Urban Meyer Something wrong if JT Barrett is not a Heisman finalist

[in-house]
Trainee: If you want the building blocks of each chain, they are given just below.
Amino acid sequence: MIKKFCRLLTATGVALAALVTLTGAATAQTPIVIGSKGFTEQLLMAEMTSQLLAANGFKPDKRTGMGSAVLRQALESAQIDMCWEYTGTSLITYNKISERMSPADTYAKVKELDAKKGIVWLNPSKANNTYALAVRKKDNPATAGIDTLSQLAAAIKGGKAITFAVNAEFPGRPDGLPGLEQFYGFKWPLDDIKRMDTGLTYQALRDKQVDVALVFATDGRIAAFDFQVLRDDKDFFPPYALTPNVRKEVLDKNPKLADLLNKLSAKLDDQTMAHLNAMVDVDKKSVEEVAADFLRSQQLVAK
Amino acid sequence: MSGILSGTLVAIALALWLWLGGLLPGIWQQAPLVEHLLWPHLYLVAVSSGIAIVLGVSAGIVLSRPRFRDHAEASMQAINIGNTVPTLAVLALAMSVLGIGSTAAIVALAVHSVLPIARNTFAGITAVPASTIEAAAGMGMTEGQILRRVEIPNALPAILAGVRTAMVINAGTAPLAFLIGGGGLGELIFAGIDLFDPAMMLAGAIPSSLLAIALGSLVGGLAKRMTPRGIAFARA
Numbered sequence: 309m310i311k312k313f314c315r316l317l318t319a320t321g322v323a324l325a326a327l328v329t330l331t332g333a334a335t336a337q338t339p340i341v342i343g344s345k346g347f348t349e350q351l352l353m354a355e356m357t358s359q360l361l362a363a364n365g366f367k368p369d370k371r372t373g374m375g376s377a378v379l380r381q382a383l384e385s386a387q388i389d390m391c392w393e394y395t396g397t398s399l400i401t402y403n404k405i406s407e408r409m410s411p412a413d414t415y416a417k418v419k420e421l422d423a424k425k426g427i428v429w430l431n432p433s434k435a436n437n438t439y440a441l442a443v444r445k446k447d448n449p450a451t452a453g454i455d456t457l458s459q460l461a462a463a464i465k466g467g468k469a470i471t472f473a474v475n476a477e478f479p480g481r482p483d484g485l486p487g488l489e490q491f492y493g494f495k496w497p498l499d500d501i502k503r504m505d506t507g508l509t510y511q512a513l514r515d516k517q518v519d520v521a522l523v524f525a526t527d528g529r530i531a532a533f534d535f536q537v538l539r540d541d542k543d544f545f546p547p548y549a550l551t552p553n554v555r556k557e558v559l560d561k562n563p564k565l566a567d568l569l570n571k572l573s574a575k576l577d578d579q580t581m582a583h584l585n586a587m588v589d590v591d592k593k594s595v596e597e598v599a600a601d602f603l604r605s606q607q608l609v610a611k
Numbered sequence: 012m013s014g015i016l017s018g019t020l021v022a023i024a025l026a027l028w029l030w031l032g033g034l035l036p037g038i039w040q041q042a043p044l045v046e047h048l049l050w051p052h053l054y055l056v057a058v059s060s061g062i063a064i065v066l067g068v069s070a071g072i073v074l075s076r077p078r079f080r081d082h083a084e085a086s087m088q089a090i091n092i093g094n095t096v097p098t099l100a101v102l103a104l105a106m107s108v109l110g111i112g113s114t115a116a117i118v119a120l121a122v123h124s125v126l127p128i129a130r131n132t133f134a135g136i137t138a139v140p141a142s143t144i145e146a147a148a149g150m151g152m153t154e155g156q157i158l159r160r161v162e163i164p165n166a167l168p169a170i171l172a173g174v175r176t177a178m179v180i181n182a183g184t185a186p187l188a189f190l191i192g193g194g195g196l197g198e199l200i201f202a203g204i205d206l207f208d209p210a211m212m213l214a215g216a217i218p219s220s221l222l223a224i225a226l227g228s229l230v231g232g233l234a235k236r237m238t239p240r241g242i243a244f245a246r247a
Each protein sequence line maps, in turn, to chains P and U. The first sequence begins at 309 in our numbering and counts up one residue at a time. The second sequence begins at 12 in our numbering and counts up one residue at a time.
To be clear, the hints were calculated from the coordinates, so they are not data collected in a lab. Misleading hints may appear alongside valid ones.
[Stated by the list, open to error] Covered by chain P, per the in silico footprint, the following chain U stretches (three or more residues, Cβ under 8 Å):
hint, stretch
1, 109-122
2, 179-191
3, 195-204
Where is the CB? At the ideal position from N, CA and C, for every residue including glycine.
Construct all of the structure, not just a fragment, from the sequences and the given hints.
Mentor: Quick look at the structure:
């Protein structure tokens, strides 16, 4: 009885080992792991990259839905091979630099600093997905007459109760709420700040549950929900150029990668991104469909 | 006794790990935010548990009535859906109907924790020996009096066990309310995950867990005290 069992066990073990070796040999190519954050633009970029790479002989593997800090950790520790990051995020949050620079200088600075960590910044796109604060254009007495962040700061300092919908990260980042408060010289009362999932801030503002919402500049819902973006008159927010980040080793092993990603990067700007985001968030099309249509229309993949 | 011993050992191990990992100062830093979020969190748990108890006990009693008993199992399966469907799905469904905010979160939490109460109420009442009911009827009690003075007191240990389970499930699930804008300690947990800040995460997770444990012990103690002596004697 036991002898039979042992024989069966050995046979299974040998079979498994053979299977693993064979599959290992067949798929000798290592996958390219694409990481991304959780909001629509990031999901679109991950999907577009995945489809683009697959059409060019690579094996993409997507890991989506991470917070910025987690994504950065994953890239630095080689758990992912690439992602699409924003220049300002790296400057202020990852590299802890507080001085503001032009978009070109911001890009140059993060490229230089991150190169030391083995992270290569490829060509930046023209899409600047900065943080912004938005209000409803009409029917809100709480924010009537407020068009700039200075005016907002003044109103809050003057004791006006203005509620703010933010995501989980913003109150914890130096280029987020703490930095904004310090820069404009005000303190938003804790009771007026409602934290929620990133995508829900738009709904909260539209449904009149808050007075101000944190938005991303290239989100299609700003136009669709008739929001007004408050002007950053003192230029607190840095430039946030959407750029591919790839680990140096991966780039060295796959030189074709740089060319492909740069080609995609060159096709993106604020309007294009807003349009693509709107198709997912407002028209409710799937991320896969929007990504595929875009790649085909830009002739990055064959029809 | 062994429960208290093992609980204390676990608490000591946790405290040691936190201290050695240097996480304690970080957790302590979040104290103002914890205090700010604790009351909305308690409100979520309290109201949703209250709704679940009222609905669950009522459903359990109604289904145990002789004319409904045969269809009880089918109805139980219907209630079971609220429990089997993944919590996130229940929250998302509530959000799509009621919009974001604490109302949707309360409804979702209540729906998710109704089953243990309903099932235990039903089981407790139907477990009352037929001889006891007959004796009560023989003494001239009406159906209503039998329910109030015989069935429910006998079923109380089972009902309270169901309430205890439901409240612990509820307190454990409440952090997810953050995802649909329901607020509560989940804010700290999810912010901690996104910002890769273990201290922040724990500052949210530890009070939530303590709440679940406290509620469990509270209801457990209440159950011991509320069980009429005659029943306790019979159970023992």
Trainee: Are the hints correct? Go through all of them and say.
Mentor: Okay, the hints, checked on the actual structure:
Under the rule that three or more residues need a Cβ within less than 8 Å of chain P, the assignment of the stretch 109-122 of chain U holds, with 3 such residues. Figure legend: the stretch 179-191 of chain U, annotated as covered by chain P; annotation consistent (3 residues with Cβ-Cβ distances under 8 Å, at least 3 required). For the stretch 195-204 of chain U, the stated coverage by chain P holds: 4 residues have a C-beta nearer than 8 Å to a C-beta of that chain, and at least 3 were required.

OSU coach Urban Meyer enters Ohio Stadium before a game against Michigan on Nov. 29. OSU won, 42-28.Credit: Mark Batke / Photo editorAfter redshirt-freshman quarterback J.T. Barrett was ruled out for the season due to a fractured ankle suffered against Michigan, the Ohio State football team learned of the death of teammate Kosta Karageorge on Sunday evening.While OSU refrained from commenting on the ongoing investigation surrounding Karageorge’s death or the player’s medical history, coach Urban Meyer addressed the media during his Monday press luncheon to discuss replacing Barrett and the Buckeyes’ upcoming Big Ten Championship Game matchup with Wisconsin.After beating the Wolverines, 42-28, on Saturday, the Buckeyes concluded the regular season 11-1 overall and 8-0 in the Big Ten. OSU sits at No. 6 in the College Football Playoff poll, and a new set of rankings are set to be released Tuesday evening.Meyer started off the press conference by praising OSU’s students and fans after the Buckeyes led the country in total attendance this season.Meyer also praised OSU’s senior class and said those players have earned respect.He noted the one thing this year’s seniors haven’t won is a Big Ten championship. “The one thing you notice I did not mention in there is a championship, and that’s an opportunity to get it done this week,” he said.Meyer said Barrett’s Sunday surgery went well and that he “talked to him last night.” He added Barrett was expected to be at the Woody Hayes Athletic Center sometime on Monday.Meyer said Barrett’s injury is similar to the one suffered by senior wide receiver Evan Spencer during OSU’s Orange Bowl loss to Clemson last season. Spencer has played in every game in 2014.“Obviously Evan’s recovered without any issues whatsoever, and so they’re anticipating the same with J.T.,” he said. “We love J.T., I personally have an incredible amount of respect for him.”Meyer said he doesn’t feel Barrett’s injury should remove him from the Heisman Trophy conversation. “He is a Heisman candidate too, and he should be invited to New York,” Meyer said. “And if he’s not, there’s something wrong.”Despite the Buckeyes’ No. 6 ranking, Meyer referred to his team as a “top-five” team in the nation.He said Wisconsin is an “excellent team” and added Badger coach Gary Andersen is a “great football coach.” The two worked together while Meyer was the head coach at Utah.He noted Wisconsin redshirt-junior running back Melvin Gordon is a Heisman candidate just like Barrett.Meyer said it’s “been a tough week” for OSU.He noted he does not agree with the decision that led to junior defensive lineman Noah Spence being ruled permanently ineligible.“Obviously a young man goes missing, and then obviously we lose J.T. Barrett and then obviously the tragic news last night,” Meyer said of the events unfolding over the past week.He said the Buckeyes are “an extremely close team who leans on each other at tough times.”“Every red flag is up,” Meyer said. “Every excuse to not play well, to not win a game, to lose a game.”He added the Buckeyes have “some really good built-in excuses” and said it’s going to be a challenge to overcome the “incredible tragedy” of Karageorge’s death.“This is so much deeper than lining up on a football field,” Meyer said.Meyer said the reason he was in a good mood Monday is because he’d “seen about 40 players come popping through, ‘Hey coach, how’s it going?’”“That’s what makes coaches’ days,” he said.Meyer said there’s nothing in the “coaching manual” about how to deal with a player’s death. “Just continue to grow and stay on your journey,” he said.On Karageorge’s time as a walk-on at OSU, Meyer said: “He loved it, he loved it. I had dinner with him a couple times, it just was such a short period to spend with him.”While redshirt-sophomore quarterback Cardale Jones is set to start for OSU, Meyer said he hasn’t decided if a Jones injury would mean burning freshman quarterback Stephen Collier’s redshirt.Meyer said Jones has a “very good understanding” of the OSU offense and has taken reps with the starters in the past.He said the coaching staff plans to use Jones how they must in order to win the game, but have had conversations about whether or not they should limit his runs. “We’re not saving him for next week, the week after,” Meyer said. “We’re not saving anything, this is an opportunity to win a Big Ten championship.”The Buckeyes and the Badgers are scheduled to play on Saturday at Lucas Oil Stadium in Indianapolis. Kickoff is set for 8:17 p.m. read more